It’s no accident that the efflorescence of punk and post-punk culture happened at a time when cheap and squatted property was available in London and New York. Now, simply, to afford to pay rent in either city entails giving up most of your time and energy to work. The delirious rise in property prices over the last twenty years is probably the single most important cause of cultural conservatism in the UK and the US.Mark Fisher, Time-wars: towards an alternative for the neo-capitalist era, in K-Punk
That’s what I’m talking about. When I think about the Nineties I lived as a teenager first and as a college student after, I think about all the creative energy that I could feel pulsing – even in my small and narrow-minded town -, I think about all the many and varied cultural inputs that I could get around, from everywhere. Blind Melon came in all this. It was just in the air and we were thirsty for this oxygen. What about our present?
Popular culture’s incapacity to produce innovation is a persistent ambient signal that nothing can ever change. Sometimes, it can seem fiendishly difficult to account for what has happened to popular culture, but the explanation for its sterility and stasis is ultimately quite simple. Innovation in popular culture has overwhelmingly come from the working class. Neoliberalism has been a systematic and sustained attack on working-class life – the results are now all around us.Mark Fisher, Abandon hope (summer is coming), in K-Punk
Greg Prato’s book took me back to the Nineties I lived: learning how to play drums and in a band, the live shows we did and the ones we attended to, the feeling that we were part of something and that (almost) everything was possible. I looked at what was going around us then and what’s going on around us now. The book helped me put some pieces together in my mind (apart from it being a not-to-be-missed choral first hand account of the great story of a unique band I love): those were the Nineties, that’s how it was. So… where the hell all that we lived back then did go?
The most common complaint among those trapped in offices doing nothing all day is just how difficult it is to re-purpose the time for anything worthwhile. One might imagine that leaving millions of well-educated young men and women without any real work responsibilities but with access to the internet – which is, potentially, at least, a repository of almost all human knowledge and cultural achievement – might spark some sort of Renaissance. Nothing remotely along these lines has taken place. Instead, the situation has sparked an efflorescence of social media (Facebook, YouTube, Instagram, Twitter): basically, of forms of electronic media that lend themselves to being produced and consumed while pretending to do something else. I am convinced this is the primary reason for the rise of social media, especially when one considers it in the light not just of the rise of bullshit jobs but also of the increasing bullishitization of real jobs. […] all this lends itself much more to a culture of computer games, YouTube rants, memes and Twitter controversies than to, say, the rock ‘n’ roll bands, drug poetry, and experimental theater created under the midcentury welfare state. What we are witnessing is the rise of those forms of popular culture that office workers can produce and consume during the scattered, furtive shards of time they have at their disposal in workplaces where even when there’s nothing for them to do, they still can’t admit it openly. (…) traditional forms of artistic expression simply cannot be pursued under bullshit conditions.David Graeber, Bullshit jobs. The rise of pointless work and what we can do about it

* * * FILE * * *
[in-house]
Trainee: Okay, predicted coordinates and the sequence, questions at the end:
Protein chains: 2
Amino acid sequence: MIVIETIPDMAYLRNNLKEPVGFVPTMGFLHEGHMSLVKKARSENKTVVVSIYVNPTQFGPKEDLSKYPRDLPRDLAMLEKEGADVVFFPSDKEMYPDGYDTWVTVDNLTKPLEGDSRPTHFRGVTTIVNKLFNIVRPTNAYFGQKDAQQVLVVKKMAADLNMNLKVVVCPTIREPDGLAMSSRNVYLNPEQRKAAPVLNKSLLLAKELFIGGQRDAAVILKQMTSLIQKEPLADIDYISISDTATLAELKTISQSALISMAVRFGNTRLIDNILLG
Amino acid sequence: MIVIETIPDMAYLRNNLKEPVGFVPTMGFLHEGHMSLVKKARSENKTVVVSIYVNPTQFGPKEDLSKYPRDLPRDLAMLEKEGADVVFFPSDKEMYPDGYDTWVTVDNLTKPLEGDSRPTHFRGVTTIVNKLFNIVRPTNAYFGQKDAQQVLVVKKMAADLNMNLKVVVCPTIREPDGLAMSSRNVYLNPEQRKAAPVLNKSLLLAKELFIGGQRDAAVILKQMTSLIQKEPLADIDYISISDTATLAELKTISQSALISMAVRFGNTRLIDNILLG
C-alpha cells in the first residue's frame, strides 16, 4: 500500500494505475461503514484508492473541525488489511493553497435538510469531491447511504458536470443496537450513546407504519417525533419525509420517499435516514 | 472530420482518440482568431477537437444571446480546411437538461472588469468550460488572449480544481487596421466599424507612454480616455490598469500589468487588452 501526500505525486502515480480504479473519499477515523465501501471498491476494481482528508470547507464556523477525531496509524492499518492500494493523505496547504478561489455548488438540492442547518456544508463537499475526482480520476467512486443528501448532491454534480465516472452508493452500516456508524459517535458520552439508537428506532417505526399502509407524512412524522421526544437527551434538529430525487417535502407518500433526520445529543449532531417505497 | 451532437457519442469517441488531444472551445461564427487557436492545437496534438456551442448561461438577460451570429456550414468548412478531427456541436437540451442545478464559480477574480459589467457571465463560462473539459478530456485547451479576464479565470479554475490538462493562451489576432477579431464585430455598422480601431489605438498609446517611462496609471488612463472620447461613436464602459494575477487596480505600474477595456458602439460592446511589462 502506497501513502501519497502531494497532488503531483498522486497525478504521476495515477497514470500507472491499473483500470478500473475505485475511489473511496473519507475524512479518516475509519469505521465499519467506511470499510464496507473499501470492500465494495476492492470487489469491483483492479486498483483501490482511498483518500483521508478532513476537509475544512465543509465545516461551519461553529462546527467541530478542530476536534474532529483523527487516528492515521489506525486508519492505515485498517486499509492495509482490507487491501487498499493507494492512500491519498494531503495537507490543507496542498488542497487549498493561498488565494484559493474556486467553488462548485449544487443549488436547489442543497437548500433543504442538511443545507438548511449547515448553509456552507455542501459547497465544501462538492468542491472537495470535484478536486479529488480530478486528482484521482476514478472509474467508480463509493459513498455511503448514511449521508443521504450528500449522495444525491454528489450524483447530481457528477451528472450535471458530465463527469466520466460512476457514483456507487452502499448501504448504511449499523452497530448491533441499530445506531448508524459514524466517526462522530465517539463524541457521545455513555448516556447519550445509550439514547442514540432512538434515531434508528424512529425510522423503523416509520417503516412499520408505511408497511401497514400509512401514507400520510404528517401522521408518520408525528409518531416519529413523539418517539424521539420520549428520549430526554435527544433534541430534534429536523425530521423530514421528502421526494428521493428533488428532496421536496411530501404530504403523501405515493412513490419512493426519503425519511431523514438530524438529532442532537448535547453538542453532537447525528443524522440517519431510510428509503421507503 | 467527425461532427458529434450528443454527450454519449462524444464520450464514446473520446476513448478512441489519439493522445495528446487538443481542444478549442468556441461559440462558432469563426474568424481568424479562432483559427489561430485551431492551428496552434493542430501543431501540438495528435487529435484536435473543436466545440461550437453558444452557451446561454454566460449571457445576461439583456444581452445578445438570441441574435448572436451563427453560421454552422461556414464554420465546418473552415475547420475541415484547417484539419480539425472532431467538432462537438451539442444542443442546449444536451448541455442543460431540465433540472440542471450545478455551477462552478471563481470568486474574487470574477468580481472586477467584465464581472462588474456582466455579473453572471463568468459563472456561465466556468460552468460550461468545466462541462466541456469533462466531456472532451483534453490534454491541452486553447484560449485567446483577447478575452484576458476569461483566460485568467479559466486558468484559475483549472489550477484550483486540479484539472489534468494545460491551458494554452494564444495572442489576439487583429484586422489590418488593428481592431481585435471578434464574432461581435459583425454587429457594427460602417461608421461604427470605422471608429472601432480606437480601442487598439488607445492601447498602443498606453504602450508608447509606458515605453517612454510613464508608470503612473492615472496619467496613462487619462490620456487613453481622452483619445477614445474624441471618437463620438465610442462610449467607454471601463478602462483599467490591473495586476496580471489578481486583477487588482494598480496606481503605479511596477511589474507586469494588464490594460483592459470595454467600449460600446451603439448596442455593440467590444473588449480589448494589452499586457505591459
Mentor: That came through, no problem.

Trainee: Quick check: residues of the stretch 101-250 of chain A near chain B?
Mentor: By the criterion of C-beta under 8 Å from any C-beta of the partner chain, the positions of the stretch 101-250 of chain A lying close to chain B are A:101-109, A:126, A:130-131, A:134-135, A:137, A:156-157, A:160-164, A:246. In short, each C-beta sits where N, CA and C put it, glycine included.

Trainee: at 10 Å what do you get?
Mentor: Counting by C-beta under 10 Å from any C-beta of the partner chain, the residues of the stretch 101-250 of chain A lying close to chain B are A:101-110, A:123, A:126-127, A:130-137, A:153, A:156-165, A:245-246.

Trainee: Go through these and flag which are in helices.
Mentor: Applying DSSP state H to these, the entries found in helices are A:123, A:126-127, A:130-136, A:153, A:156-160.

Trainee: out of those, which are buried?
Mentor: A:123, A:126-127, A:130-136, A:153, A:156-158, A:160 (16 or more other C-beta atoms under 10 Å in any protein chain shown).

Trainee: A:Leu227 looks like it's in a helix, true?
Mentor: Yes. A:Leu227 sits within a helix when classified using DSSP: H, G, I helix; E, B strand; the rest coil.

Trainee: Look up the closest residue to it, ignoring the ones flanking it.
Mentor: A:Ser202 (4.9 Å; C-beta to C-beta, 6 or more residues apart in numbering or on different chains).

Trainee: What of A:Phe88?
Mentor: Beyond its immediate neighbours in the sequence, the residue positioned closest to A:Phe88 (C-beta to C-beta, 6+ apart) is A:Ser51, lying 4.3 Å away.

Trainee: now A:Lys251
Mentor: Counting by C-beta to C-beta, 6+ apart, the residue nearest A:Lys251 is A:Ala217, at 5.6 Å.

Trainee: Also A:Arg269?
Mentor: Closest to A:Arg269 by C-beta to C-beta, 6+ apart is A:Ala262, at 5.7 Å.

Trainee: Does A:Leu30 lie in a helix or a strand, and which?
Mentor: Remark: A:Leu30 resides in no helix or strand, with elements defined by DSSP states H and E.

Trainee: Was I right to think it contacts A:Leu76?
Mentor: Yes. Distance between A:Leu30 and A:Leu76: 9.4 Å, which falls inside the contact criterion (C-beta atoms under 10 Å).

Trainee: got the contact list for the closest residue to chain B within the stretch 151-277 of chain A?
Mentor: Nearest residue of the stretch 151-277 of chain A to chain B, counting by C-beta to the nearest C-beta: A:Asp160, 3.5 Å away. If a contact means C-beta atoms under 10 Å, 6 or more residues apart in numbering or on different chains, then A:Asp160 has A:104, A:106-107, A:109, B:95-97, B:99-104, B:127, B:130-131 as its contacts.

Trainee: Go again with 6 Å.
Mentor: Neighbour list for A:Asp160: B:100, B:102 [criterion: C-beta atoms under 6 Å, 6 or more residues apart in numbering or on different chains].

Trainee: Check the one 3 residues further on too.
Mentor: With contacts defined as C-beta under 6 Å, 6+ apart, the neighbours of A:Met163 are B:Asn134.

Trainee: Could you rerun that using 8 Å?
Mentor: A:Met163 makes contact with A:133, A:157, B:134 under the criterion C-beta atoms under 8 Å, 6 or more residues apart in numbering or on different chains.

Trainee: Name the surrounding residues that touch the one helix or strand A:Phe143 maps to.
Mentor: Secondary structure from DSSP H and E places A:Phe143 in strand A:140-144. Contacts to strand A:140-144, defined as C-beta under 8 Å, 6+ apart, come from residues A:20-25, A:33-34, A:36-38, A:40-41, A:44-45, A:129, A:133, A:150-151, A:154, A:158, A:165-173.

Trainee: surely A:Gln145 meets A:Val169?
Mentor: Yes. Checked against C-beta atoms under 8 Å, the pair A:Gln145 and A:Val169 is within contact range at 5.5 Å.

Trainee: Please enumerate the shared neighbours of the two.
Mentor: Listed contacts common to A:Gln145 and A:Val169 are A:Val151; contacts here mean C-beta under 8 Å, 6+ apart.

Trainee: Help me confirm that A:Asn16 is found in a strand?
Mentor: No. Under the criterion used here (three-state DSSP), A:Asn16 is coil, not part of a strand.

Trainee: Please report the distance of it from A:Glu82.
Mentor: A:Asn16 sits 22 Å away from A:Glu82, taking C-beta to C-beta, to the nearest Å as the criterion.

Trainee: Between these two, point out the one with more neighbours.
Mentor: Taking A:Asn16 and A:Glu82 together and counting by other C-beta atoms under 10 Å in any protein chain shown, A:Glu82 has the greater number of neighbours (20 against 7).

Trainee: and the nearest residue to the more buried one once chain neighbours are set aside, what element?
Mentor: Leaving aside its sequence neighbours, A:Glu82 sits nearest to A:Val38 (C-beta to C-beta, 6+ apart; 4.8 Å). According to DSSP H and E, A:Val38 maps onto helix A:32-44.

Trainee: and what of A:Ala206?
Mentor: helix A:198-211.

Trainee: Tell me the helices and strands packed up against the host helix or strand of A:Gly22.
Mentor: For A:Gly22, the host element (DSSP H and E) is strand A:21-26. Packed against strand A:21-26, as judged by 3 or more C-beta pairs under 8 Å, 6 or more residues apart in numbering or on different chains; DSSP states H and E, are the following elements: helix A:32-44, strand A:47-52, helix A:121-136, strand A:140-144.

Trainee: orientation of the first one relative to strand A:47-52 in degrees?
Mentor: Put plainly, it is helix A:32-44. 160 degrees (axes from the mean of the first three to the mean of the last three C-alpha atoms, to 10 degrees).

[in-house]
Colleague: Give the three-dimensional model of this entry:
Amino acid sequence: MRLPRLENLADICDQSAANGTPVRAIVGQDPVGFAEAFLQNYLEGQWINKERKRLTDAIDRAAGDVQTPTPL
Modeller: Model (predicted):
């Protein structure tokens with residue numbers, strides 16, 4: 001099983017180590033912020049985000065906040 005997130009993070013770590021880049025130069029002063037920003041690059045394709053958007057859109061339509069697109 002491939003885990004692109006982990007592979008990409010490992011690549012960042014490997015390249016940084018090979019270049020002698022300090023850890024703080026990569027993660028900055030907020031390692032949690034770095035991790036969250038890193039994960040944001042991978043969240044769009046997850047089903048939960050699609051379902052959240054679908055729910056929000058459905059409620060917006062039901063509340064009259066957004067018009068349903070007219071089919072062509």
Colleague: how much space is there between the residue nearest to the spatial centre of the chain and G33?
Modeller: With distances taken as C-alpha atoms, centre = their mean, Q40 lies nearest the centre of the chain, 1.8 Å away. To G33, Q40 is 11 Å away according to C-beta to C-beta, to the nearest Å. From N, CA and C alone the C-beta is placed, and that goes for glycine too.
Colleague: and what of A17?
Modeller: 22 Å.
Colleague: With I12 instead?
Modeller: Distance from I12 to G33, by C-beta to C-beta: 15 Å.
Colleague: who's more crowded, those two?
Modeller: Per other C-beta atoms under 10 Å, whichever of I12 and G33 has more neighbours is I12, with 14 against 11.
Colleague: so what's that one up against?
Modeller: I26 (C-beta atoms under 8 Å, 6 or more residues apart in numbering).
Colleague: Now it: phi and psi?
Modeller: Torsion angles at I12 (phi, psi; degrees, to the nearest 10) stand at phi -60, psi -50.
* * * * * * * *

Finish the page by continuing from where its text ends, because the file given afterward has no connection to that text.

“The myth of the individual has left us disconnected, lost and pitiful”, speaks Kae Tempest in Tunnel vision. That’s how we feel when we have to look back to our past to try and see the future we’ve lost. In the mi(d)st of this past, for me, Blind Melon stands with the uniqueness of their music, so powerful, so full of life, so intimate and touching. I really don’t know what we have to do to be able to look forward and see a (new) future, but at least I learnt that we should put as much beauty as we can in our present: if you never have or if you did but you don’t remember, do listen to Blind Melon, they are part of the beauty we (desperately) need.
Mark Fisher, K-Punk. The collected and unpublished writings of Mark Fisher (2004-2016), Repeater, 2018
Mark Fisher, Realismo capitalista, Nero Editions, 2018
David Graeber, Bullshit jobs. The rise of pointless work and what we can do about it, Penguin Books, 2018
Greg Prato, A devil on one shoulder and an angel on the other. The story of Shannon Hoon and Blind Melon, Greg Prato, 2008
* Semi-quote from Capitalism stole my virginity by The international noise conspiracy
The image on top of the post comes from… the web! I cannot even find its original source so if you have any claim about it let me know. I wanted to take a picture of the dubbed cassette I had back then, but it’s impossible for me to get it now (I’m pretty sure it’s in some drawer or box in my parent’s house).